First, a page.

Pitch; Photography by Angelina Aragon

Patio Upgrades

Written by M.V. Moorhead Category: Food Reviews Issue: April 2018
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Satisfy your al fresco food cravings at these new indoor-outdoor Valley restaurants.

East Valley
Copper Still Moonshine Grill
Opened: December 2017
The patio of this sports bar – the Chandler satellite of a popular Gilbert watering hole – offers a fine view of the abutment to Chandler Boulevard’s overpass of the I-10. Unless you’re a student of civil engineering, it’s not the most romantic sight, so an outdoor row of ESPN-pumping big-screen TVs is thoughtfully provided. Sitting down to my lunch, I caught a stale waft of cigarette fumes from a downwind patron, and was reminded of another important function that patios serve: smoker apartheid. Secondhand smoke aside, lunch was tasty. From the appetizers, the hummus ($8.25), purportedly “made from scratch” in either roasted red pepper or jalapeño-cilantro with tandoori bread and veggies for dipping, does indeed have an unprocessed authenticity. Same for the fish tacos ($11.50), fried cod and cabbage under a quietly smoldering “Baja” sauce (made with mayo and Sriracha, we’d wager).
Must try: The sloppy Joe ($10.75) – featuring pork chorizo with poblanos, Monterey Jack and avocado spread – is not the Joe you knew from your high school cafeteria.
7450 W. Chandler Blvd., Chandler, 480-350-7469, copperstillmoonshinegrill.com

Phoenix
Deli Tavern
Opened: December 2017
The patio at this Downtown spot, once the home of the Downtown Deli, is nominal – a fenced-off area of sidewalk, accommodating maybe 10 or 12 folks. I suspect it’s mostly there for the convenience of smokers. Still, there’s an impressive urban canyon feel to that stretch of Central, and the people-watching is above average. So is the food, inside or out. From the starters, the turkey noodle soup ($6), cubes of bird and pipette noodles bathing with carrots and celery, is non-heavy comfort food. Undeniably heavier but still comforting is the Mom’s Meatloaf ($12), aptly named only if your mom preferred to ladle a broodingly sweet bourbon sauce over her finely ground Angus loaf. The egg salad sandwich ($8) with arugula, the Out n In Burger ($10) on brioche and the house-made apple pie ($6) á la mode all do justice to these noble standards.
Must try: Reportedly named for a friend of the owners, the Jimmy Cakes ($2) – Oreo-esque sandwiches of chocolate cake with cream cheese filling – are unkind to the waistline.
130 N. Central Ave., 602-583-7564, delitavern.com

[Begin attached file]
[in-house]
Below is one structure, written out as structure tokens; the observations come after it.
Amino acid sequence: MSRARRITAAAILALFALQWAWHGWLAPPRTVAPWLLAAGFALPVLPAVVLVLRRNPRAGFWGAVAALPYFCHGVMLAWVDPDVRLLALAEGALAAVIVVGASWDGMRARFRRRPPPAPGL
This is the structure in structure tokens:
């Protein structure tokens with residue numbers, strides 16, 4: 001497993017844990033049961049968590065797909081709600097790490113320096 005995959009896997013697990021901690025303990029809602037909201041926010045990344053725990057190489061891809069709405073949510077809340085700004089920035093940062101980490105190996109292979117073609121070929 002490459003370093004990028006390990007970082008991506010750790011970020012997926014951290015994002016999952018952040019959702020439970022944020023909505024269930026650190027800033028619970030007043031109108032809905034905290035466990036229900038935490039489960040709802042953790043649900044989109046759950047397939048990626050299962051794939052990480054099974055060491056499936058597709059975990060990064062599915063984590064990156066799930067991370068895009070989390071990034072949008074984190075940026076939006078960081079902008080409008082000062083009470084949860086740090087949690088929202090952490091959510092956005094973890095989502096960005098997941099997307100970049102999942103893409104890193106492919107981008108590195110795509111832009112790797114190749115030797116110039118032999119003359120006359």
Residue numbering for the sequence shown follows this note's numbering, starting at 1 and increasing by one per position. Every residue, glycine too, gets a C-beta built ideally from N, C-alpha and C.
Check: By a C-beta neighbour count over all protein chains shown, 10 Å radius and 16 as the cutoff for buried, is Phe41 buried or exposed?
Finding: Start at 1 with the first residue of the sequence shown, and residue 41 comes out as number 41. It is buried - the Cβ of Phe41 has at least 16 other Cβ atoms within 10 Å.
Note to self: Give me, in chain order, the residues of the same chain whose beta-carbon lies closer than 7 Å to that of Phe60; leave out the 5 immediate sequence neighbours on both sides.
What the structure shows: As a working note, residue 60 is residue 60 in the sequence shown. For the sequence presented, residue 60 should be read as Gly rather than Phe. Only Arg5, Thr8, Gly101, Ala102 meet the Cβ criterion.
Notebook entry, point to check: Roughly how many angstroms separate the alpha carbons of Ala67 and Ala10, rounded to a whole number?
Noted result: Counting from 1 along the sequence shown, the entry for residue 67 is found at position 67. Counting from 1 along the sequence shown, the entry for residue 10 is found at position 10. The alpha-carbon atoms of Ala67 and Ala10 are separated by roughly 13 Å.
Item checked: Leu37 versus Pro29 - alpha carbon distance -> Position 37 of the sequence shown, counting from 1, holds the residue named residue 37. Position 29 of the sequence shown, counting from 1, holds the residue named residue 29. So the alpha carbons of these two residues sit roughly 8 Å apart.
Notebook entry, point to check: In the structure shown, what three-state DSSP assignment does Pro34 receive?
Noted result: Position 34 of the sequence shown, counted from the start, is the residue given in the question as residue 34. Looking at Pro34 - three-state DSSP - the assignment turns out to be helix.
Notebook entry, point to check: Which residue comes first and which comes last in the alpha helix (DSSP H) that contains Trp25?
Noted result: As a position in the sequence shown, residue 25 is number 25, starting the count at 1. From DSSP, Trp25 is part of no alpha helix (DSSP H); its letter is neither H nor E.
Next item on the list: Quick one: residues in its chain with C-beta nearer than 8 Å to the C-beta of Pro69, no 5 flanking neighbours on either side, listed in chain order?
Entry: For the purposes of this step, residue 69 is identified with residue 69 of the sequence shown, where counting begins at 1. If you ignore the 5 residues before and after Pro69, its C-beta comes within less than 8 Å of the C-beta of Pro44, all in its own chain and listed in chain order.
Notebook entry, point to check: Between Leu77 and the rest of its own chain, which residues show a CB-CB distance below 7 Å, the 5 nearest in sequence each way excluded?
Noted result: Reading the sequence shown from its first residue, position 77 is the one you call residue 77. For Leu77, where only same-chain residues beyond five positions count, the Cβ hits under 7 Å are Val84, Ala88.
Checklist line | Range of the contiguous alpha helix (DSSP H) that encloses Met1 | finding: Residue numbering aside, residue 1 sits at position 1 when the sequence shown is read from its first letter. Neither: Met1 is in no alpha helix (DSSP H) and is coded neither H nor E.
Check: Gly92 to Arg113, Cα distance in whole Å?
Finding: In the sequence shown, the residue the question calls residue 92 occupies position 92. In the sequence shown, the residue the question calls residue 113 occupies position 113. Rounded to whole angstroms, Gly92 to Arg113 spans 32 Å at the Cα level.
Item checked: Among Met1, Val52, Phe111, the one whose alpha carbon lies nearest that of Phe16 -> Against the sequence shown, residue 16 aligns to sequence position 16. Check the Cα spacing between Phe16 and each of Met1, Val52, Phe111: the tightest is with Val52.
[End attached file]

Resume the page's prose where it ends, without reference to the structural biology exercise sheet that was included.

South Scottsdale
Pitch
Opened: November 2017
Sometime this month – for about an hour or so – it will be patio season here in the Valley. Those who wish to partake of the locally fleeting pleasure of dining al fresco should appreciate this pizza-centric gastropub. An expansive courtyard patio is surrounded by hip neighboring office space, with a commanding view of Thomas Road and the Papago Buttes beyond. The food is even better than the view. Chief tempter among the sandwiches is the short rib grilled cheese ($14) –  punchy barbecue Angus beef and cheddar on toasty multigrain bread, with truffle fries on the side. Pizza being the house specialty, I went for one of the more traditional choices, the Mia ($19), with pepperoni and splendid fennel sausage. The toppings kept falling off the thin crust, but were so yummy I didn’t care about the structural integrity.
Must try: If the soup of the day ($4 a cup, $6 a bowl) is pheasant and lentil, as it was twice for me, don’t miss it.
6350 E. Thomas Rd., 480-272-7500, pitchpizzeria.com

West Valley
Fabio on Fire
Opened: June 2017
The name sounds like a reality series on Bravo (“Next week, on an all-new Fabio on Fire…”), but the offerings – crafted by catering legend Fabio Ceschetti in his new-ish brick-and-mortar location – are the real deal. Ceschetti specializes in subtle yet potently flavorful renditions of Italian classics, along with masses-pleasing pies labeled under “Pizza Americana.” (“No Italian description because this is not an authentic Italian pizza,” the menu haughtily notes.) Located at the end of a strip mall, the little eatery has a shaded patio that serves as an elegant spot to listen to Andrea Bocelli and mangia the sublime gnocchi ($14.95) or the even sublime-r tagliatelle alla Bolognese ($16.95) – the former tiny and tender potato dumplings, the latter big, flat rustic strips of pasta, both superbly dressed in sumptuous meat sauce.
Must try: If the diverse spate of daily specials includes the spaghetti with shrimp and sweet, plump mussels ($24.95), and you skip it, you’re skipping true glory.
8275 W. Lake Pleasant Pkwy., Peoria, 623-680-5385, fabioonfire.com

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